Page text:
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    168. How is the blood carried from the heart to the different parts of the body?HBH 68.1

    Through the arteries.HBH 68.2

    169. What are the arteries?HBH 68.3

    They are the set of tubes that commence from each heart as a single trunk, from which they extend, in one case to the lungs, in the other they divide and subdivide till they reach all parts of the system. They are dense, tough, cylindrical tubes, which form they retain when emptied of blood, and even after death. From this circumstance the ancients regarded the arteries as air vessels.HBH 68.4

    170. How many coats or layers of membranes compose the arteries?HBH 68.5

    Three: the outer coat is of sinewy fibers; the middle is muscular, being made up of contractile fibers; the inner is like the lining of the heart and veins. It is nervous; or, in other words it is a membrane through whose substance are interspersed the nerves of organic life. The outer coat is firm and strong; the middle is thick and soft; and the internal thin and polished. The arteries maintain a cylindrical form unless forcibly compressed.HBH 68.6

    171. What is the particular benefit of the muscular or elastic structure of the arteries?HBH 69.1

    It allows the arteries to distend when the heart forces the blood into them, and, when its action intermits, the arteries return to their former size, which propels the blood forward, and thus the action of the arteries themselves is like that of compressed air in fire engines; so that arteries not only lead the blood to the different parts of the system, but they force it along.HBH 69.2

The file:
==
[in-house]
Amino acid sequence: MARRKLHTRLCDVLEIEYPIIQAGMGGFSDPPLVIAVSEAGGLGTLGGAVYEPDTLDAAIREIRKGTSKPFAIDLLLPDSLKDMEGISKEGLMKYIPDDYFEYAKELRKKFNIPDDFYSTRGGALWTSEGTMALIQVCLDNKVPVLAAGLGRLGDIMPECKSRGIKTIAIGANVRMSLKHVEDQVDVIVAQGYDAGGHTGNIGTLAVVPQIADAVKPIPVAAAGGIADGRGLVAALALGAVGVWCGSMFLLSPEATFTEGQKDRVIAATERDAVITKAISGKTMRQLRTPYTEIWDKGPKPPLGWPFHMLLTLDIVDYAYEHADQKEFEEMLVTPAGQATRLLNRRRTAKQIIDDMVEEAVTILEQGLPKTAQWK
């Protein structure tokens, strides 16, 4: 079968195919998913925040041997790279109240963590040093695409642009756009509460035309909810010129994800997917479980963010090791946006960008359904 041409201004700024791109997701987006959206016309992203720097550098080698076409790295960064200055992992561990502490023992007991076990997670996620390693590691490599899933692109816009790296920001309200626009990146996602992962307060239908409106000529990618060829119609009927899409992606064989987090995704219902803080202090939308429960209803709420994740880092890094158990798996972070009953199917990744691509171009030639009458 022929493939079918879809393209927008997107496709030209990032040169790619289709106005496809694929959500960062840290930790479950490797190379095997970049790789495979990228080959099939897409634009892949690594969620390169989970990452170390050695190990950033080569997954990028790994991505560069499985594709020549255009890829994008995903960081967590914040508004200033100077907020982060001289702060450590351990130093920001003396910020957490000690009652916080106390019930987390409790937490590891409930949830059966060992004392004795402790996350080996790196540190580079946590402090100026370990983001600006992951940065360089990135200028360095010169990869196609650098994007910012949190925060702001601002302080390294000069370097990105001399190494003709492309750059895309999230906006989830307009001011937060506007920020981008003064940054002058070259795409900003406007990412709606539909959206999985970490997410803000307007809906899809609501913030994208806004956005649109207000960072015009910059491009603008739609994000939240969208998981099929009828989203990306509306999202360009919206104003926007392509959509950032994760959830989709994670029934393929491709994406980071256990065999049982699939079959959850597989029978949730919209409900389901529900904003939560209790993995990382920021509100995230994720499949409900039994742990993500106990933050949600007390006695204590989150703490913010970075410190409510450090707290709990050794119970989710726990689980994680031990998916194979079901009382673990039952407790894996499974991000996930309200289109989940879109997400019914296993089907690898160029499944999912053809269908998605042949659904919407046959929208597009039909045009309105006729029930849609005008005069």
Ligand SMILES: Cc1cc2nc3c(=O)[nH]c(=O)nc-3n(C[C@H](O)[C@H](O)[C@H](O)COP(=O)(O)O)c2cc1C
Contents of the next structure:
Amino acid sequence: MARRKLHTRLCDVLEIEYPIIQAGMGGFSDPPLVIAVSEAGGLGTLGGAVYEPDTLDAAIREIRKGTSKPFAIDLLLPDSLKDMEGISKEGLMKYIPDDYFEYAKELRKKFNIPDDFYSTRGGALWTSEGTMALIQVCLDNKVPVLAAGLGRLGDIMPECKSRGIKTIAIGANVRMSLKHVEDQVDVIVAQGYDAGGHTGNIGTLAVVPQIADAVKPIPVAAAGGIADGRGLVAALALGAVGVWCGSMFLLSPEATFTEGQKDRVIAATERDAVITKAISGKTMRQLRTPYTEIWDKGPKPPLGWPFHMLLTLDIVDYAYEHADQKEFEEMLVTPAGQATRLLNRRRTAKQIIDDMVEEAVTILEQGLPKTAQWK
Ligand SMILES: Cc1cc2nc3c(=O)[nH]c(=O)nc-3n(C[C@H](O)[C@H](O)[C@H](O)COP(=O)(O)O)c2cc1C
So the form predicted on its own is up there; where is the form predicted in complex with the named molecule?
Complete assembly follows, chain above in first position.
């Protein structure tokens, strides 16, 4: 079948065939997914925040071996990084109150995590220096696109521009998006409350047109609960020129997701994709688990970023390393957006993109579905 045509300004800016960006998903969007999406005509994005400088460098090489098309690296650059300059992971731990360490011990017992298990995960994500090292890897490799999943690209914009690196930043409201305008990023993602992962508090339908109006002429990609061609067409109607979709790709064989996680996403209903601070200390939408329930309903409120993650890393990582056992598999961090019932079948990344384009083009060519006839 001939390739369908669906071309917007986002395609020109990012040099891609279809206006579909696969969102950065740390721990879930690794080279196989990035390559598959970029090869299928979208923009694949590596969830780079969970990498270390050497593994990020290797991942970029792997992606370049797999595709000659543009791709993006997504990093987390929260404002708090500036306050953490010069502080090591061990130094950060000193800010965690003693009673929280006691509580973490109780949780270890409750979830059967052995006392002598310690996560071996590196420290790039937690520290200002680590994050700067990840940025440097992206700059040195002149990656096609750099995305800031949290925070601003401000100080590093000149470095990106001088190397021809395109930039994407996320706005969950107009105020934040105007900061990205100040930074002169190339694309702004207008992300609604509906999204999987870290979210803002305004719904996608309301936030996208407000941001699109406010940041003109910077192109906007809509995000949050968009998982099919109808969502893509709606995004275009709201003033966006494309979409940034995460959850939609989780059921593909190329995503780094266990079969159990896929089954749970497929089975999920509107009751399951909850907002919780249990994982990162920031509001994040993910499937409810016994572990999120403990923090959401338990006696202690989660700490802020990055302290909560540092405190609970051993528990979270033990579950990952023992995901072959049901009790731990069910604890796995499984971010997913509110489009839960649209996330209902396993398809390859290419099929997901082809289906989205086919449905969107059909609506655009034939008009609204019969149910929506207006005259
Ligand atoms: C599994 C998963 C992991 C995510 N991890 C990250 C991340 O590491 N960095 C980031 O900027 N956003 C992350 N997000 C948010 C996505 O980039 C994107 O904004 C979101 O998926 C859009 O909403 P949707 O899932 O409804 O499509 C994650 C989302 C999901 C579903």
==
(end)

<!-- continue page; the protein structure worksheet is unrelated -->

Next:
172. What is the number of the arteries, and what their capacity?HBH 69.3

    They number about one-third as many as the veins in the system generally, and their capacity is about one-half that of the blood vessels in the lungs; but as the arteries receive the blood directly from the heart, it is forced rapidly through them.HBH 69.4

    173. Where are the arteries placed?HBH 69.5

    The arteries are buried deep in the flesh, and this serves two purposes: first, its warm current is less exposed to loss of heat; and secondly, they are less likely to be tapped by superficial injuries.HBH 69.6

    174. How can it be known in case of a wound that an artery has been severed?HBH 69.7

    When an artery is cut, and not closed by the effect of the injury, the blood flows in jets, corresponding with the pulsations of the heart. It will flow in such a case with serious rapidity, and life will be lost, unless the flow is speedily stopped by forcible compression. In case an artery is severed, if possible, a bandage, handkerchief, or cord, should be drawn tightly over the artery, between the wound and the heart. This bandage should be twisted tightly by the aid of a stick inserted beneath it while loosely tied. A knot may be made in the bandage and placed over the artery, or a smooth stone, a chip, or a few pennies may be placed under the bandage to produce pressure directly on the artery. An elastic suspender, or something of that kind, makes the best bandage, as it does not wholly check the flow of the blood. Blood is essential to the vitality of the parts immediately around the wounded part, and it would be better to lose a little blood than to have none received below the wounded part. There are cases when the flow of blood can only be stopped by taking up and tying the artery. If you find your efforts to check the blood failing, immediately secure a good surgeon to assist you.HBH 69.8